Don't bend the metal....it will stress the metal and possibly crack good paint around it. Simply not needed on a lightweight repair like this. A good rust inhibitor will 'creep' into all of the cracks that water would, and seal them against future water intrusion.

Out of sight repairs are easy, you should have no problem doing a great job using a simple aerosol with colour-matched paint. The exterior would have been a different proposition for sure.

No need to remove the door, in fact it doesnt really get you any benefit that I can see. Simply tape off any area that you don't want the new paint to hit and you can spray away merrily. Door lowers are easy becasue you can open the doors and you will be spraying away from the car, simply protect the door inner trim and door front paint section.

Leaving bare metal is never advisable. You can definitely wait between primer and paint coats, but I wouldn't advise driving around more than necessary between coats if at all possible. This whole job is an easy weekend fix, even done in stages. Patience with letting paint coats dry is always good thing.

You are doing the right thing in nailing this before it worsens. I cringe when I see people driving around in cars with huge rust holes and corrosion. All of these started off small and were left to fester into gaping holes....:no:
 

Sparky

Original poster
Member
Dec 4, 2011
12,927
Some cases people don't care or (like me) simply didn't have money to do anything about it. I'm still waiting on cash yet. Mine is bad enough that I don't think it is something I can tackle myself and do properly. Entire pieces of metal need cut out and replaced on mine :frown:

BTW if anyone has a forest green metallic liftgate for sale that isn't rusty let me know :biggrin:
 

TB2k4

Member
Dec 4, 2011
134
davenay67 said:
Don't bend the metal....it will stress the metal and possibly crack good paint around it. Simply not needed on a lightweight repair like this. A good rust inhibitor will 'creep' into all of the cracks that water would, and seal them against future water intrusion.

Out of sight repairs are easy, you should have no problem doing a great job using a simple aerosol with colour-matched paint. The exterior would have been a different proposition for sure.

No need to remove the door, in fact it doesnt really get you any benefit that I can see. Simply tape off any area that you don't want the new paint to hit and you can spray away merrily. Door lowers are easy becasue you can open the doors and you will be spraying away from the car, simply protect the door inner trim and door front paint section.

Leaving bare metal is never advisable. You can definitely wait between primer and paint coats, but I wouldn't advise driving around more than necessary between coats if at all possible. This whole job is an easy weekend fix, even done in stages. Patience with letting paint coats dry is always good thing.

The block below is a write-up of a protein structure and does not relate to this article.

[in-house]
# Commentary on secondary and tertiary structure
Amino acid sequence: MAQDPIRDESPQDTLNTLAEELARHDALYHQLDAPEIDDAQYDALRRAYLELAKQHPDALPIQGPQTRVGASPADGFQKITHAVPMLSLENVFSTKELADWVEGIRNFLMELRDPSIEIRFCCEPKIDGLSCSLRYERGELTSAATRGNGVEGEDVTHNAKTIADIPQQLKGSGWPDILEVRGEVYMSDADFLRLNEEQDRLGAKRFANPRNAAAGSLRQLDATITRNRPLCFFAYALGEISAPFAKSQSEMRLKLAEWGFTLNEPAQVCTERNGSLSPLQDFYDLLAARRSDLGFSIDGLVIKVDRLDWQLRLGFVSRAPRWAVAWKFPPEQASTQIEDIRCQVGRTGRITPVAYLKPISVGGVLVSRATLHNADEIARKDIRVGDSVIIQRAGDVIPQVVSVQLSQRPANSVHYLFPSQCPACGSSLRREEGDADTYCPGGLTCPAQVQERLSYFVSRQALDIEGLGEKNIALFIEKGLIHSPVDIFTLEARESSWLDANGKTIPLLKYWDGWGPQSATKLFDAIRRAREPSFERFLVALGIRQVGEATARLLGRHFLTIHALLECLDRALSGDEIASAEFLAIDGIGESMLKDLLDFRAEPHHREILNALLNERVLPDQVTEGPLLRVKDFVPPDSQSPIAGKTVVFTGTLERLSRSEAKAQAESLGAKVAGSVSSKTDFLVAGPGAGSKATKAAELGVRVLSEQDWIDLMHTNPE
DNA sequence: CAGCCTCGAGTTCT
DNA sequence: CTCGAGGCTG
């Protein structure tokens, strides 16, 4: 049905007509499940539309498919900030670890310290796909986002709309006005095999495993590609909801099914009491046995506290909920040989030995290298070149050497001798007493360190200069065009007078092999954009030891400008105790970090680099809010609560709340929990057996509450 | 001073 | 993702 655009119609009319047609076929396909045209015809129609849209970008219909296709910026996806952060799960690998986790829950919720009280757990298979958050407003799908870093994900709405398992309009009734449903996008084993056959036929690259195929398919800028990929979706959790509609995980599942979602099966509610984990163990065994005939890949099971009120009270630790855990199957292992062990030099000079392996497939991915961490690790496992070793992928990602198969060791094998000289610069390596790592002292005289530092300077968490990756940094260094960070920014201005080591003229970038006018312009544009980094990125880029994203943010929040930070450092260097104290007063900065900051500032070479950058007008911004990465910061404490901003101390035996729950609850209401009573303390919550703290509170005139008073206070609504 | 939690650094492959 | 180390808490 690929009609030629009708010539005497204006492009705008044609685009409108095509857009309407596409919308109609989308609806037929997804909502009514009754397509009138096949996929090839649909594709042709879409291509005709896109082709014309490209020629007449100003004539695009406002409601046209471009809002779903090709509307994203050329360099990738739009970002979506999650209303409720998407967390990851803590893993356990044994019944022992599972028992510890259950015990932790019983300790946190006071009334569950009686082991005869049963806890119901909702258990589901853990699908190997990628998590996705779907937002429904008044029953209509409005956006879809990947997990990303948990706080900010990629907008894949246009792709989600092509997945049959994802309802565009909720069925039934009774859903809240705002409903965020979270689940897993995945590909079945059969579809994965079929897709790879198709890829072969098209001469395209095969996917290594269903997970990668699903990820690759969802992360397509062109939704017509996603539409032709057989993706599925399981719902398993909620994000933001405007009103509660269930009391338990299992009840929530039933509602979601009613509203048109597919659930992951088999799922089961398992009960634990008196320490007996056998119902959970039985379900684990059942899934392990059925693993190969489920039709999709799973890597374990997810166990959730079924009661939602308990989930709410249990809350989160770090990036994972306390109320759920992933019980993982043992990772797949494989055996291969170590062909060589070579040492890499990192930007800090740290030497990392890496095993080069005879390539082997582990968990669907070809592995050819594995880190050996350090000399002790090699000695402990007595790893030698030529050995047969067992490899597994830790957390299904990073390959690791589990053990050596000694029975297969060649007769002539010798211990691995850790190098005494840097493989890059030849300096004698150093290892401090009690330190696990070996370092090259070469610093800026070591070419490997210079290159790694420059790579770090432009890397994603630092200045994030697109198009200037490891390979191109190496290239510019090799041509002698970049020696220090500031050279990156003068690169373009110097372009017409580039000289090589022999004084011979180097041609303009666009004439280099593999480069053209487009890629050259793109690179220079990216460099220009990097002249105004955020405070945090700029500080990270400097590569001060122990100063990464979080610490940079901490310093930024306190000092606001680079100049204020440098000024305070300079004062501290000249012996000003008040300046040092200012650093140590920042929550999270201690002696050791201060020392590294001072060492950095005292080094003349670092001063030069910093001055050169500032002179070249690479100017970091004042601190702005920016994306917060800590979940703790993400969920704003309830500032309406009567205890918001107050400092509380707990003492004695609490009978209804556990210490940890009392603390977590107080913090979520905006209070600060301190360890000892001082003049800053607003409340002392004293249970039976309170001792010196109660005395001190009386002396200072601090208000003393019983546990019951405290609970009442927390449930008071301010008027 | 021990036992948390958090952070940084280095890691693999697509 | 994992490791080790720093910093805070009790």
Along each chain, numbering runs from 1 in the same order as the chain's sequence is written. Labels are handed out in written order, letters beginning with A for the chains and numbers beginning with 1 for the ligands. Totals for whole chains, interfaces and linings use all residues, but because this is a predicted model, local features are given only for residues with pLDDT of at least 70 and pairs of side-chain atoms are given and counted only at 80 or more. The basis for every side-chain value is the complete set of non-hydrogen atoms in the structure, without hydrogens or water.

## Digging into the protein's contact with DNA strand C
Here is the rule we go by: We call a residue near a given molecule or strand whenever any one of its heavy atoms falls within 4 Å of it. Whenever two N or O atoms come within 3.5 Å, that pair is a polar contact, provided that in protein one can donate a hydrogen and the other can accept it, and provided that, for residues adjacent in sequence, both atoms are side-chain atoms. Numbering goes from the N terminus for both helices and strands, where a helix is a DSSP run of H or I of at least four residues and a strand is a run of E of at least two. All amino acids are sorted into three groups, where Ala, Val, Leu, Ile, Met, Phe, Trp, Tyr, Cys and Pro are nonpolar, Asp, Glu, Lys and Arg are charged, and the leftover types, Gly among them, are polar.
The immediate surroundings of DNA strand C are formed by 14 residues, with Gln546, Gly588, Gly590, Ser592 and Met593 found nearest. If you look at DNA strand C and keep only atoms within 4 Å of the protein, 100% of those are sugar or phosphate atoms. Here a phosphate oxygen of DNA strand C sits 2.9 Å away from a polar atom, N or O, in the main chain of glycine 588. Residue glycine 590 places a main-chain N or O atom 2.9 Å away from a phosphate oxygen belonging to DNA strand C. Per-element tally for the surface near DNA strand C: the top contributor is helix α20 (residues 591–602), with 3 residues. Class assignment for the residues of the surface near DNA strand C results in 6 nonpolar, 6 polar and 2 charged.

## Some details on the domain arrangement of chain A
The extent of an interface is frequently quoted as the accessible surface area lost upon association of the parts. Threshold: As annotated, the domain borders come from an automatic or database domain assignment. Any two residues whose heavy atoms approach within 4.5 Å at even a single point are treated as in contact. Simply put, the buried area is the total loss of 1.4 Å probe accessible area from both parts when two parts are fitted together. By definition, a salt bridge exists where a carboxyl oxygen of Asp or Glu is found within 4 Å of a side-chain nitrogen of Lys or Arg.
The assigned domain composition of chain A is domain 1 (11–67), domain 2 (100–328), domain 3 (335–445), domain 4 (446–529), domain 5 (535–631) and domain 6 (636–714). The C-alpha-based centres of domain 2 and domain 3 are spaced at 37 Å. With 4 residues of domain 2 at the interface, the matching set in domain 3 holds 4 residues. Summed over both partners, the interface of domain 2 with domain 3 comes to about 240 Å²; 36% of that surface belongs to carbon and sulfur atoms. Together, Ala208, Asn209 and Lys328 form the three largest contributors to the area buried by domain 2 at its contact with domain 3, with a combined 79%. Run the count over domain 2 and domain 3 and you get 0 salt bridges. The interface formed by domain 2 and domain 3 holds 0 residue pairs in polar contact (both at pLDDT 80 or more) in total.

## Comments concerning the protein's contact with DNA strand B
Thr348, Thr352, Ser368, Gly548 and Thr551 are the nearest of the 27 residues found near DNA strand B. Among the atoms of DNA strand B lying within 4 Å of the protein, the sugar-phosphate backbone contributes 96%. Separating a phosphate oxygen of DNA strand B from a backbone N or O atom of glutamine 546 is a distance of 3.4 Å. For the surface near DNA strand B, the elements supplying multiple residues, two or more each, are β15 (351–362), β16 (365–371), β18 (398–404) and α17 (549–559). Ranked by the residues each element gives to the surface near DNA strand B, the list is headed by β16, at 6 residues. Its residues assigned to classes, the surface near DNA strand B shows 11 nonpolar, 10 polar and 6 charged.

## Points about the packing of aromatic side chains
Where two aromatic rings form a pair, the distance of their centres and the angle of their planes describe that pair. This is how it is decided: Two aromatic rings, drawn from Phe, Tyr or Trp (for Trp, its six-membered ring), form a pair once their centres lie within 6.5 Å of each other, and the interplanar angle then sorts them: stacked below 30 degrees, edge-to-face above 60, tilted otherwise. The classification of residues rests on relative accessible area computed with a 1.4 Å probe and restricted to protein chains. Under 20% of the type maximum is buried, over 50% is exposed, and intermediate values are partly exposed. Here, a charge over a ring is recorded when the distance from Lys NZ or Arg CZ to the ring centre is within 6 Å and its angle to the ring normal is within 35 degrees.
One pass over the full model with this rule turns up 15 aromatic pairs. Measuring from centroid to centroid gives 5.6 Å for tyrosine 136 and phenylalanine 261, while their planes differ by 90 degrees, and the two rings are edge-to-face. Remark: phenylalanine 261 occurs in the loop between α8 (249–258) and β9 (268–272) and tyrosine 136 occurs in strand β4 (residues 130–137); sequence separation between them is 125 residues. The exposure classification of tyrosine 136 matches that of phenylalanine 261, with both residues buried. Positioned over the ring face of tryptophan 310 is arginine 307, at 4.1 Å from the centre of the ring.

You are doing the right thing in nailing this before it worsens. I cringe when I see people driving around in cars with huge rust holes and corrosion. All of these started off small and were left to fester into gaping holes....:no:

not bending them back what do you mean by "prying them back" instead?
 

jake1

Member
May 23, 2013
2
:thumbsup:View attachment 28646.jpg]I found a product that really works to keep rust from coming back after it has been removed. I applied it to my bare metal door seams in April 2012. And I do mean 2012! And then it gets reapplied every few months. I left the doors bare, just to see if it worked. The product is Boeshield T-9. See attached photos for more. As you can see the seam is nearly rust free. I was in awe, at how well it works. I also applied it to my chrome trailer hitch ball in 2009. Still looking like new. You can apply it to new metal to keep it from rusting. Hope this information will help everyone stop the rust monster in its tracks!:hissyfit:
 

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rmsg0040

Member
Dec 10, 2011
285
Did mine last year with herculiner, prep is very important, I also used the UV topcoat

 

Sparky

Original poster
Member
Dec 4, 2011
12,927
Heh old thread.

Well I never had a shop do anything. Cost was too much, even to just fix the rust as there are literal holes and far larger chunks that are affected. I was almost ready to just let it rot :frown: But now it I may be giving complete DIY a go later this year with an angle grinder, tin snips, fiberglass, and rhino liner. I have NEVER used fiberglass before so it could be... interesting lol. Just want to try to slow it down a bit, clean it up, and stop water from getting inside the truck in the back. As it is that left rear wheel well lip is almost entirely gone now.

I'm still looking for a dark green liftgate however as that would probably be worth replacing vs the work of trying to fix the entire bottom half of it lol.
 

smitty5150

Member
Nov 18, 2011
1,069
I'll be coating some pieces in bedliner. Remove loose rust, inhibit rust, Bondo glass, bedliner, and the grand finale.......
Top coat of gloss finish exterior enamel matched to the factory color. My cheap truck doesn't need show quality repair work.
 

Rickochet

Member
Mar 6, 2013
1
smitty5150 said:
I'll be coating some pieces in bedliner. Remove loose rust, inhibit rust, Bondo glass, bedliner, and the grand finale.......
Top coat of gloss finish exterior enamel matched to the factory color. My cheap truck doesn't need show quality repair work.

How did you come out with your rust repair?